Observations on Selective Feeding by Root Weevils
R.L. Ticknor, Canby, OR
Preferential feeding (leaf notching) by weevils is a widely observed occurrence in rhododendron plantings. In many gardens, there are very few plants which have one or more common parents except for the Catawbiense hybrids grown in colder areas. A visit to Dr. Richard Wellman's garden in Tarrytown, N.Y., during October 1983 provided an opportunity to see whether there was an apparent relationship between the parentage of plants and weevil feeding on the foliage.
Dr. Wellman has been collecting and hybridizing for a number of years and has both mature and young seedling plants in his 1/3 acre garden. Dr. David Nielsen of Ohio State University has found that adult Strawberry root weevils are capable of walking several hundred feet so a garden of this size does not present a problem for uniform distribution of weevils. A total of 379 plants were rated as no, light, medium, or heavy feeding injury. While visible and easy to record, most leaf feeding is only a cosmetic problem; however, root feeding by the grub stage can kill plants. Leaf notching can be an early warning of a serious problem, so that treatment can be done in time to save plants. No adult weevils were observed, so the species responsible for the leaf injury in this garden is not known.
Ratings for named varieties and species are shown in Table 1. In the species - R. adenopodum, R. diaprepes, and R. yakushimanum - had no injury. R. metternichii from two sources had no injury, but from a third source were heavily injured. Three plants of R. yakushimanum ancestry 'Coral Velvet', 'Koichiro Wada', and 'Mist Maiden' did not have weevil injury. Also on the no feeding list were 'Cornell Pink', 'Montchanin', and P.J.M. which is not too surprising since Doss (1) has reported that naturally occurring chemicals in many lepidotes repel weevils. 'Mrs. AT. de la Mare', 'Scintillation' and 'Virginia Richards' were elepidote hybrids not showing weevil injury in this garden.
Of the ten yellow or salmon colored elepidote varieties listed in the table, six were heavily notched by weevils. Only one, 'Virginia Richards', did not have evidence of weevil feeding in this garden. Any relationship between parentage and weevil feeding is of interest to hybridizers and to people who do not wish to spray to prevent injury. When the parentage of the seedlings and named hybrids in the garden (Table 2) was compared to the amount of weevil feeding, some interesting relationships appeared. There were 78 plants which had either 100 or 75 or 50 or 25 percent R. yakushimanum, in their pedigree. The percentage of plants with no weevil injury was 83, 50, 42, and 25 percent. If the percentages for no and light injury are added together the results are 100, 75, 73, and 56 for the 100, 75, 50 and 25 percent R. yakushimanum parentage. In contrast 75 percent of the seedlings of 'Scintillation', which had no injury itself, were classed as medium or heavy injury.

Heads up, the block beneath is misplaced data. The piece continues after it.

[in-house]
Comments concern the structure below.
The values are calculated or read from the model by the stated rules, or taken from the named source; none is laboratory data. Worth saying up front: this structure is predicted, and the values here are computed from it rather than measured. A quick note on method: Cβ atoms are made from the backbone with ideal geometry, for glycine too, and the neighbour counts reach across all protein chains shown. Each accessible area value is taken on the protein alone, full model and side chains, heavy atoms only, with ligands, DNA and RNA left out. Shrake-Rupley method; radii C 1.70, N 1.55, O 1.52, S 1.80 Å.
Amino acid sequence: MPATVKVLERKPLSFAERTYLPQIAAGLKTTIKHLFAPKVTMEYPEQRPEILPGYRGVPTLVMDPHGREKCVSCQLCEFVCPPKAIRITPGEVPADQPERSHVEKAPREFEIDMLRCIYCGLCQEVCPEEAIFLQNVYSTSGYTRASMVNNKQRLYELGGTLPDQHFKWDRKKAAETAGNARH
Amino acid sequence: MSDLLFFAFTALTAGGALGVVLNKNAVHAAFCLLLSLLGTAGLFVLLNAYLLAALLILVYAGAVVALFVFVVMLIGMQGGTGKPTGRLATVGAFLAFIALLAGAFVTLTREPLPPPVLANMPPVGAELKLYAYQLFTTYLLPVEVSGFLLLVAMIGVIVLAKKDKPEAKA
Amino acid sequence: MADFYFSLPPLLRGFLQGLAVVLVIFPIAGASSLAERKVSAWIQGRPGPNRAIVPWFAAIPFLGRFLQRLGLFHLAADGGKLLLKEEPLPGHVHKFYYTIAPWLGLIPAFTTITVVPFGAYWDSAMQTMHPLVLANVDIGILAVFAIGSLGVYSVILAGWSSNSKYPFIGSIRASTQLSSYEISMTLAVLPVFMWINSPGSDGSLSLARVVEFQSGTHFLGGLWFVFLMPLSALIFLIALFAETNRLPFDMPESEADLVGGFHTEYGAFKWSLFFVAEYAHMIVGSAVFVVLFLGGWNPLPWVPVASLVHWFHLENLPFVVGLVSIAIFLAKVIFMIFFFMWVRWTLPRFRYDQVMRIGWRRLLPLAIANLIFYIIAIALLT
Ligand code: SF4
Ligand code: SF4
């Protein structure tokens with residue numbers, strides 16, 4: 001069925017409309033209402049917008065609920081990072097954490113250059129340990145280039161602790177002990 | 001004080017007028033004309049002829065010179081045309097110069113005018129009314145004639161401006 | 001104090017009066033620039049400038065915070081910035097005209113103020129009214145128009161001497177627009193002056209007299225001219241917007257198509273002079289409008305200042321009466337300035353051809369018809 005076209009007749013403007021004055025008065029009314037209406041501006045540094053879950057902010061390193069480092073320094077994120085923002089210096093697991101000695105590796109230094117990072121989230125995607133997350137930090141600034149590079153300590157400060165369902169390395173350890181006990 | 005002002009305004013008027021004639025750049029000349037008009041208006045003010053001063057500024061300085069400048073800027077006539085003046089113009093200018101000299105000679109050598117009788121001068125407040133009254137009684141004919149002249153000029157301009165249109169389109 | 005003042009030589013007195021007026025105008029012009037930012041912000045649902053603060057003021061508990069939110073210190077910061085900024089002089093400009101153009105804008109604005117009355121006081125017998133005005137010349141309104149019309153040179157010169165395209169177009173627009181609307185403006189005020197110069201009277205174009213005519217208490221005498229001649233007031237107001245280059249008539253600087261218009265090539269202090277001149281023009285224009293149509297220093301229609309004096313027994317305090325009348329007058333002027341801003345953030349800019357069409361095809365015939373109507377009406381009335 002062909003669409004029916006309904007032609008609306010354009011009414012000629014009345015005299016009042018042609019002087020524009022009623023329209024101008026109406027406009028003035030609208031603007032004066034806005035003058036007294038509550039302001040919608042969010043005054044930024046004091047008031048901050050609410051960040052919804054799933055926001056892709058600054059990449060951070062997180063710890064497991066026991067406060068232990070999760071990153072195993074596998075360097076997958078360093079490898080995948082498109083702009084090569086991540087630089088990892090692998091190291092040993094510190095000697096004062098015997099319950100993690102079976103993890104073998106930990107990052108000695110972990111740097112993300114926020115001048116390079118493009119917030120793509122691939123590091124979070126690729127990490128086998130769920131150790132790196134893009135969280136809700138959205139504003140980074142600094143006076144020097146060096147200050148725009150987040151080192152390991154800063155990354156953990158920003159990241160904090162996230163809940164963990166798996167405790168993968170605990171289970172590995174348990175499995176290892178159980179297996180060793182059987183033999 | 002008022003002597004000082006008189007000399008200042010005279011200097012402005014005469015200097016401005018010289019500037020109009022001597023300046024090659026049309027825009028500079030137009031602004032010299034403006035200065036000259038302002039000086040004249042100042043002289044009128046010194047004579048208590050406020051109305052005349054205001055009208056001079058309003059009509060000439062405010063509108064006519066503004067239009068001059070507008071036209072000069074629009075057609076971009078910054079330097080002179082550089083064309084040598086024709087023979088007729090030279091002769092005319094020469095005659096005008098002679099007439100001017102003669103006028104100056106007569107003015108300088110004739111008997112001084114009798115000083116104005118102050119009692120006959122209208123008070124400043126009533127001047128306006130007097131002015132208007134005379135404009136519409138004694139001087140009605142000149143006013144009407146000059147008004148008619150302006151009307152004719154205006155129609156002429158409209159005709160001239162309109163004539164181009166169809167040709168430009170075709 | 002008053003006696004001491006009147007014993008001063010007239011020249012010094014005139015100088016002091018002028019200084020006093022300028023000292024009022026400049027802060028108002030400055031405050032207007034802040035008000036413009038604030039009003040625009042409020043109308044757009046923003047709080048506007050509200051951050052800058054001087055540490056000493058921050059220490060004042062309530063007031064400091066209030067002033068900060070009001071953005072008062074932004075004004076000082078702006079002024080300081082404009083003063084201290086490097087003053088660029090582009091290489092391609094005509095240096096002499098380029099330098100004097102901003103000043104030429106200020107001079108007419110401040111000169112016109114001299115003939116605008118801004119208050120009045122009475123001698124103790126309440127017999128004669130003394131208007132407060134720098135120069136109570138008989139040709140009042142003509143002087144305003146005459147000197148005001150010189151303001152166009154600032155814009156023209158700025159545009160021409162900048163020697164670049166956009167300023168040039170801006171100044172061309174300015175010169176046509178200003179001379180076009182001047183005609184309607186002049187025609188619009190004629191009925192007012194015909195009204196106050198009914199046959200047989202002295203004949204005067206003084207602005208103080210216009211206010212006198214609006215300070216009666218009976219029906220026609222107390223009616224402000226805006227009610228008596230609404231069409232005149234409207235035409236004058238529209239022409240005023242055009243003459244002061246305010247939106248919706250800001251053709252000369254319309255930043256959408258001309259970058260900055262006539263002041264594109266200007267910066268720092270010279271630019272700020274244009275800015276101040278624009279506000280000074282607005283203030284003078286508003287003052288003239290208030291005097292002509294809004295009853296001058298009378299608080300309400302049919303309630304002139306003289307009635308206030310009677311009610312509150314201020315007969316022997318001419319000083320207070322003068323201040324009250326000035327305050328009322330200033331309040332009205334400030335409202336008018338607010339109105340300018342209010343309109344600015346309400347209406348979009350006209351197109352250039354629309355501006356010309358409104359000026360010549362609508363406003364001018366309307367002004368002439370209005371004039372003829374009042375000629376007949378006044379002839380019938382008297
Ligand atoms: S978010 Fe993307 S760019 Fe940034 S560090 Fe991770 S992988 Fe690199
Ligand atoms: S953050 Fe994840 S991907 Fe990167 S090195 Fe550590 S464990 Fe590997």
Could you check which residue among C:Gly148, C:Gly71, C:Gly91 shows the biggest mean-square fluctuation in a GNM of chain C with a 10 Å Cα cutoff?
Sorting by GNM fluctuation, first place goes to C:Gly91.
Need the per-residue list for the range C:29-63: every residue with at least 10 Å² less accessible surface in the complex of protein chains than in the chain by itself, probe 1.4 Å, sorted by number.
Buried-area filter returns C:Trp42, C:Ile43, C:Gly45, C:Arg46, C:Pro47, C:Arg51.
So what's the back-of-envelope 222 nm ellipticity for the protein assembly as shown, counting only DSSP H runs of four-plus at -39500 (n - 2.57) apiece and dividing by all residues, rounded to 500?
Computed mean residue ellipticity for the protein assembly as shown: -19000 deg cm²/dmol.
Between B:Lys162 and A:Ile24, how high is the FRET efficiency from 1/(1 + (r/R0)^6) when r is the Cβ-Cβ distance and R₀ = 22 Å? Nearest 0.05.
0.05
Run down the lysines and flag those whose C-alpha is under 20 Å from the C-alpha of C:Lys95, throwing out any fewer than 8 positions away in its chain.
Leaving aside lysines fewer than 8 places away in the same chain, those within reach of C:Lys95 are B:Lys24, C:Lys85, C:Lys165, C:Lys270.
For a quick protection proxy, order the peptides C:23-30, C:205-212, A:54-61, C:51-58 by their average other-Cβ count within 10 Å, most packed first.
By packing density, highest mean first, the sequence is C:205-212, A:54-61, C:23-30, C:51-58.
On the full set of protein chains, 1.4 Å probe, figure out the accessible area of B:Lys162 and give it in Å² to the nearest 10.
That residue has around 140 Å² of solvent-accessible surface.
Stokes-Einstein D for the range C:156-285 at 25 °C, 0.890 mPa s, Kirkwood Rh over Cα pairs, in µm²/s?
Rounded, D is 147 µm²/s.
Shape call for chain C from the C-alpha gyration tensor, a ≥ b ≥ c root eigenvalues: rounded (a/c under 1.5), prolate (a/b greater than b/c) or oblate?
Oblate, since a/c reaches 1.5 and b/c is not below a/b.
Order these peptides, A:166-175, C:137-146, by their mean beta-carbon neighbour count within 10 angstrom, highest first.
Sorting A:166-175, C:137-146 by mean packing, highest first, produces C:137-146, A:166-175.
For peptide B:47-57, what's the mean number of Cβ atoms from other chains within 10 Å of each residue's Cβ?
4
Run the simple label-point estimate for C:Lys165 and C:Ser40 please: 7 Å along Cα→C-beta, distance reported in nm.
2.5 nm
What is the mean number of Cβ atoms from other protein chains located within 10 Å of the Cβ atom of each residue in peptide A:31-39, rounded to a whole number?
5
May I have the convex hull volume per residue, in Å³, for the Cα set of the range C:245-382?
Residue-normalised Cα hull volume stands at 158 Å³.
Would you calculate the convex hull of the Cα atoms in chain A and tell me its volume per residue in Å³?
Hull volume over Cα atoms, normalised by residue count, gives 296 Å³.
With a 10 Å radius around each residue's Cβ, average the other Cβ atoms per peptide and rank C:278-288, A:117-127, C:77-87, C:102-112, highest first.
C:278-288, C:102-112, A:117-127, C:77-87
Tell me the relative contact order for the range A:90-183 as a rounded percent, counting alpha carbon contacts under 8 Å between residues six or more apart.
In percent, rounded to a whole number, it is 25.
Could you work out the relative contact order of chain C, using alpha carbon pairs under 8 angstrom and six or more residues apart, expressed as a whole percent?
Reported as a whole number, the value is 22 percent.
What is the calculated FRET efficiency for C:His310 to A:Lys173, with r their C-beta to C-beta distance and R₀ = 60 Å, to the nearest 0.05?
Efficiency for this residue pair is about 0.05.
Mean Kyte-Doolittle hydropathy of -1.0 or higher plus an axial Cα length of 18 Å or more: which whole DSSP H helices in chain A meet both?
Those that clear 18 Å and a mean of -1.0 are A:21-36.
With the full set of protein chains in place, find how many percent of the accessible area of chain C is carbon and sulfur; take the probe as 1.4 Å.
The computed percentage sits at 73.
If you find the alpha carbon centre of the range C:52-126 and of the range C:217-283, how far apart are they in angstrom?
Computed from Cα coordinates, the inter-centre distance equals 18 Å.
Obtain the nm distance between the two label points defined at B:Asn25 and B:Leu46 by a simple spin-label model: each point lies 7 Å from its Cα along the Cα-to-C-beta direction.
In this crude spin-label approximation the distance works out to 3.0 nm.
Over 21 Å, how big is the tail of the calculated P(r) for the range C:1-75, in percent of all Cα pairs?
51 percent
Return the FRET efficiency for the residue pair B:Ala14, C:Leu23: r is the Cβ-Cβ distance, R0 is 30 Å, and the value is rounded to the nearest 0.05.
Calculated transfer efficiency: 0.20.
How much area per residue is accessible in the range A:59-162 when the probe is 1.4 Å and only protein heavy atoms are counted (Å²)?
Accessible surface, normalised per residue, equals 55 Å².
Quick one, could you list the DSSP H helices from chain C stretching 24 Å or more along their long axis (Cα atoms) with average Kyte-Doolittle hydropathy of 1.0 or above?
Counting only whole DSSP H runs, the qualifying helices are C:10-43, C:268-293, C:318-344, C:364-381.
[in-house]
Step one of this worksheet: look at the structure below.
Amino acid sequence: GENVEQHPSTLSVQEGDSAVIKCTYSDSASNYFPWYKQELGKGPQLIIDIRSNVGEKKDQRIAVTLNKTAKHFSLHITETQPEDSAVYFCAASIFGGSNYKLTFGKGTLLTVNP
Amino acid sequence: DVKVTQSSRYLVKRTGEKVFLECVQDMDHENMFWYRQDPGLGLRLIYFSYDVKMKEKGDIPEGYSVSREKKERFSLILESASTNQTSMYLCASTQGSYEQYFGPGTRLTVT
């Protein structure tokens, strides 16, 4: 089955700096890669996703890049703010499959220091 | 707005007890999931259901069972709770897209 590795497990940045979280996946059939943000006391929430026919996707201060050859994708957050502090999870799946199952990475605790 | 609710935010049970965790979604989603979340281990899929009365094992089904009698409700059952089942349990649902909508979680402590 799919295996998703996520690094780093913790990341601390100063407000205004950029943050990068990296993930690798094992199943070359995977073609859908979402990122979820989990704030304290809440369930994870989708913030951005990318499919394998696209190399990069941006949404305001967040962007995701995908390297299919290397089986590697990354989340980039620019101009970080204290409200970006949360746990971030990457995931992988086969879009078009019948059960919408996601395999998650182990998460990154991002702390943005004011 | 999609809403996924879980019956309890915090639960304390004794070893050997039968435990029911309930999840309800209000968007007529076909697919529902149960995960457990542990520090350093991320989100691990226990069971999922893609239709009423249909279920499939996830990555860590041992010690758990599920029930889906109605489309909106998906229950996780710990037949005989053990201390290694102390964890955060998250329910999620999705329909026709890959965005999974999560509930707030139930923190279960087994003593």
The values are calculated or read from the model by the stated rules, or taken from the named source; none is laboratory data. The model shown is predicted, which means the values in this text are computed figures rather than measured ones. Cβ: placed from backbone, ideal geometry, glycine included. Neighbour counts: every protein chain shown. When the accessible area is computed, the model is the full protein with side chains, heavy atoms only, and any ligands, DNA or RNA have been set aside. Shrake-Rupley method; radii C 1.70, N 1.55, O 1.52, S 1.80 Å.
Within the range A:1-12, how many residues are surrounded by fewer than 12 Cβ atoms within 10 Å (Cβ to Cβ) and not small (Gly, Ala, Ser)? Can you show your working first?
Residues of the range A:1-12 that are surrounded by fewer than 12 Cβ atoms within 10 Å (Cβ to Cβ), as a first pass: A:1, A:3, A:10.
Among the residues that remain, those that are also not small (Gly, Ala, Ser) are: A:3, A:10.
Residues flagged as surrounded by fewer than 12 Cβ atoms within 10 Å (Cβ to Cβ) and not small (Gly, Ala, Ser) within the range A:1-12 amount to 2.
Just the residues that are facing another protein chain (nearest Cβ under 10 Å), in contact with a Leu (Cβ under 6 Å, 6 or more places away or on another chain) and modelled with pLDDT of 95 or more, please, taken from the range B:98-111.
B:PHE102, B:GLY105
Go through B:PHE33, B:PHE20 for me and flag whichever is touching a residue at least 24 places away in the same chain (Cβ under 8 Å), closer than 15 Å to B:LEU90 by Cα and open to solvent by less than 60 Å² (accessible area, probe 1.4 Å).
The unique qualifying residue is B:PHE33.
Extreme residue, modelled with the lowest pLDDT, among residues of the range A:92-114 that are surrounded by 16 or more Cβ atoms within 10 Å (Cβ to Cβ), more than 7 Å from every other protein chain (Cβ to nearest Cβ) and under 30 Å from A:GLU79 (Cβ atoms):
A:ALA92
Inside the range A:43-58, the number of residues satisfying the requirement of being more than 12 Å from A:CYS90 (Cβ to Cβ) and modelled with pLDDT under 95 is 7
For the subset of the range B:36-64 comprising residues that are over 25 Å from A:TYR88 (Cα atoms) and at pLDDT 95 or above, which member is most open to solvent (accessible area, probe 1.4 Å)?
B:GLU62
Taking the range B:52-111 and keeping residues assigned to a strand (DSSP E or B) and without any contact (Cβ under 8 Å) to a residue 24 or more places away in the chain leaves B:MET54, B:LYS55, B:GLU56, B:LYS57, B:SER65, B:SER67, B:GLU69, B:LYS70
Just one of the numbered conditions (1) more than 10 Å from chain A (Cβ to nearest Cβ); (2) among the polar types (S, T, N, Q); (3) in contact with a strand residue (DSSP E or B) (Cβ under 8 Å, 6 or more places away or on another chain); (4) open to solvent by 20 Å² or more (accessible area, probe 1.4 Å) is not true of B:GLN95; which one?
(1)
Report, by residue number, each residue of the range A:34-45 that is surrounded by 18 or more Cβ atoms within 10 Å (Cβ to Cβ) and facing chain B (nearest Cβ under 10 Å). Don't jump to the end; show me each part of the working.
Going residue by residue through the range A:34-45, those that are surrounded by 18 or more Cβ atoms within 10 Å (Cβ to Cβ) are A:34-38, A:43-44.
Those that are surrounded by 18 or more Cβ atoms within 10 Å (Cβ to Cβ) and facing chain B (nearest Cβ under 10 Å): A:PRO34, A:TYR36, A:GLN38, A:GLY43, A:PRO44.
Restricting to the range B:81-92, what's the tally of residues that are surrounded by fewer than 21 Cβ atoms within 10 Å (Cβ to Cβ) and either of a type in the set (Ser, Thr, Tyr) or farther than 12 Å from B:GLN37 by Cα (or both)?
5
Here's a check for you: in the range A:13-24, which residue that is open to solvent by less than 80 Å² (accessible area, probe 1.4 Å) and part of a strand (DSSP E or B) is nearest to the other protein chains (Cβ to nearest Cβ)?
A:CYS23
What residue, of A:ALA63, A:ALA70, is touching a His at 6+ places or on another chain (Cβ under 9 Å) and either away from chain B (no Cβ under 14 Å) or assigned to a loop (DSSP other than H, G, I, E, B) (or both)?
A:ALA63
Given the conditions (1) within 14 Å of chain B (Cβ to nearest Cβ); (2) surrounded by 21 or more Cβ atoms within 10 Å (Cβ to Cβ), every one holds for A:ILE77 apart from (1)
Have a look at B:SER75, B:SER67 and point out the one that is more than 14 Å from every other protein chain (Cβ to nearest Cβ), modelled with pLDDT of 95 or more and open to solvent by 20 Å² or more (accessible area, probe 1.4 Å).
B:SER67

Some other parents which had relatively little weevil injury in their crosses were R. decorum, 'David Gable', 'Fabia' and 'Golden Star'. The record of 'Hello Dolly' (Fabia X R. smirnowii) is not as good, since 57% of the seedlings had medium or heavy injury. This is surprising since Dr. David Nielsen of Ohio State University has reported that many adult Black Vine weevils die when fed a diet of R. smirnowii leaves.
It is unfortunate that seedlings of several plants used as sources of hardiness 'Catalgla', 'Caroline', Nova Zembla' and R. maximum were very attractive to weevils. 'Catawbiense Album' appeared to be a better source of hardiness if resistance to weevil feeding is part of the objective as 57 percent of the plants had only light feeding.
A number of plants were crosses of Dexter hybrids or unregistered plants for which the parentage is not known, so are not included in Table 2. Also a number of plants were represented in too few crosses to include in the table.
These observations are only for one year in one garden, but I hope they will stimulate other people to observe and report their findings on weevil injury. This should provide guidance for future hybridizing efforts to produce plants less attractive to weevils.
1. Doss, Robert P. 1983. Root weevil feeding on Rhododendron: A review J. Environ. Hort. 1(3):67-71.
Table 1. Ratings of weevil injury to leaves of Rhododendron cultivars at Tarrytown, N.Y. October 1983. Ratings of Leaf Injury None Light Medium Heavy Coral Velvet
Mrs. AT. de la Mare
Duke of York
R. metternichii (Mt. Kayaf)
R. metternichii (Omoshiroyama)
R. makinoi (Mt. Arisan)
R. vernicosum #2
R. fortune' LuShan
R. makinoi (source unknown)
R. metternichii (Larson)
Table 2. Ratings of weevil injury to leaves of Rhododendron seedlings of different parentages at Tarrytown, N.Y. October 1983. No. of Percent of Plants in a Category Parentage Plants None Light Medium Heavy R. yakushimanum 100% 6 83.3 16.7 R. yakushimanum 75% 4 50.0 25.0 25.0 R. yakushimanum 50% 52 42.3 30.8 13.5 13.5 R. yakushimanum 25% 16 25.0 31.2 18.8 25.0 Anna Hall 7 28.6 42.9 14.3 14.3 R. pseudochrysanthum 17 11.8 29.4 41.2 17.6 R. decorum 18 11.1 61.1 22.2 5.6 David Gable 7 42.9 42.9 14.3 Fabia 12 50.0 16.7 8.3 25.0 Golden Star 6 33.3 33.3 33.3 R. discolor 26 15.4 34.6 19.2 30.8 Hello Dolly 7 14.3 28.6 14.3 42.9 Cadis 7 57.1 14.3 28.6 Lu Shan 16 56.3 25.0 18.8 R. vernicosum 8 37.5 37.5 25.0 Catawbiense Album 7 57.1 14.3 28.6 R. fortunei 24 29.2 45.8 25.0 Vulcan 21 9.5 14.3 28.6 47.6 Mars 20 15.0 15.0 10.0 60.0 Scintillation 8 12.5 12.5 25.0 50.0 R. metternichii 9 11.1 22.2 11.1 55.6 R. wardii 14 7.1 35.7 7.1 50.0 Rochelle 9 22.2 22.2 55.6 Catalgla 14 21.4 14.3 64.3 Caroline 14 14.3 21.4 64.3 Donna Hardgrove 8 12.5 25.0 62.5 Nova Zembla 11 18.2 9.1 72.7 R. maximum 13 7.7 92.3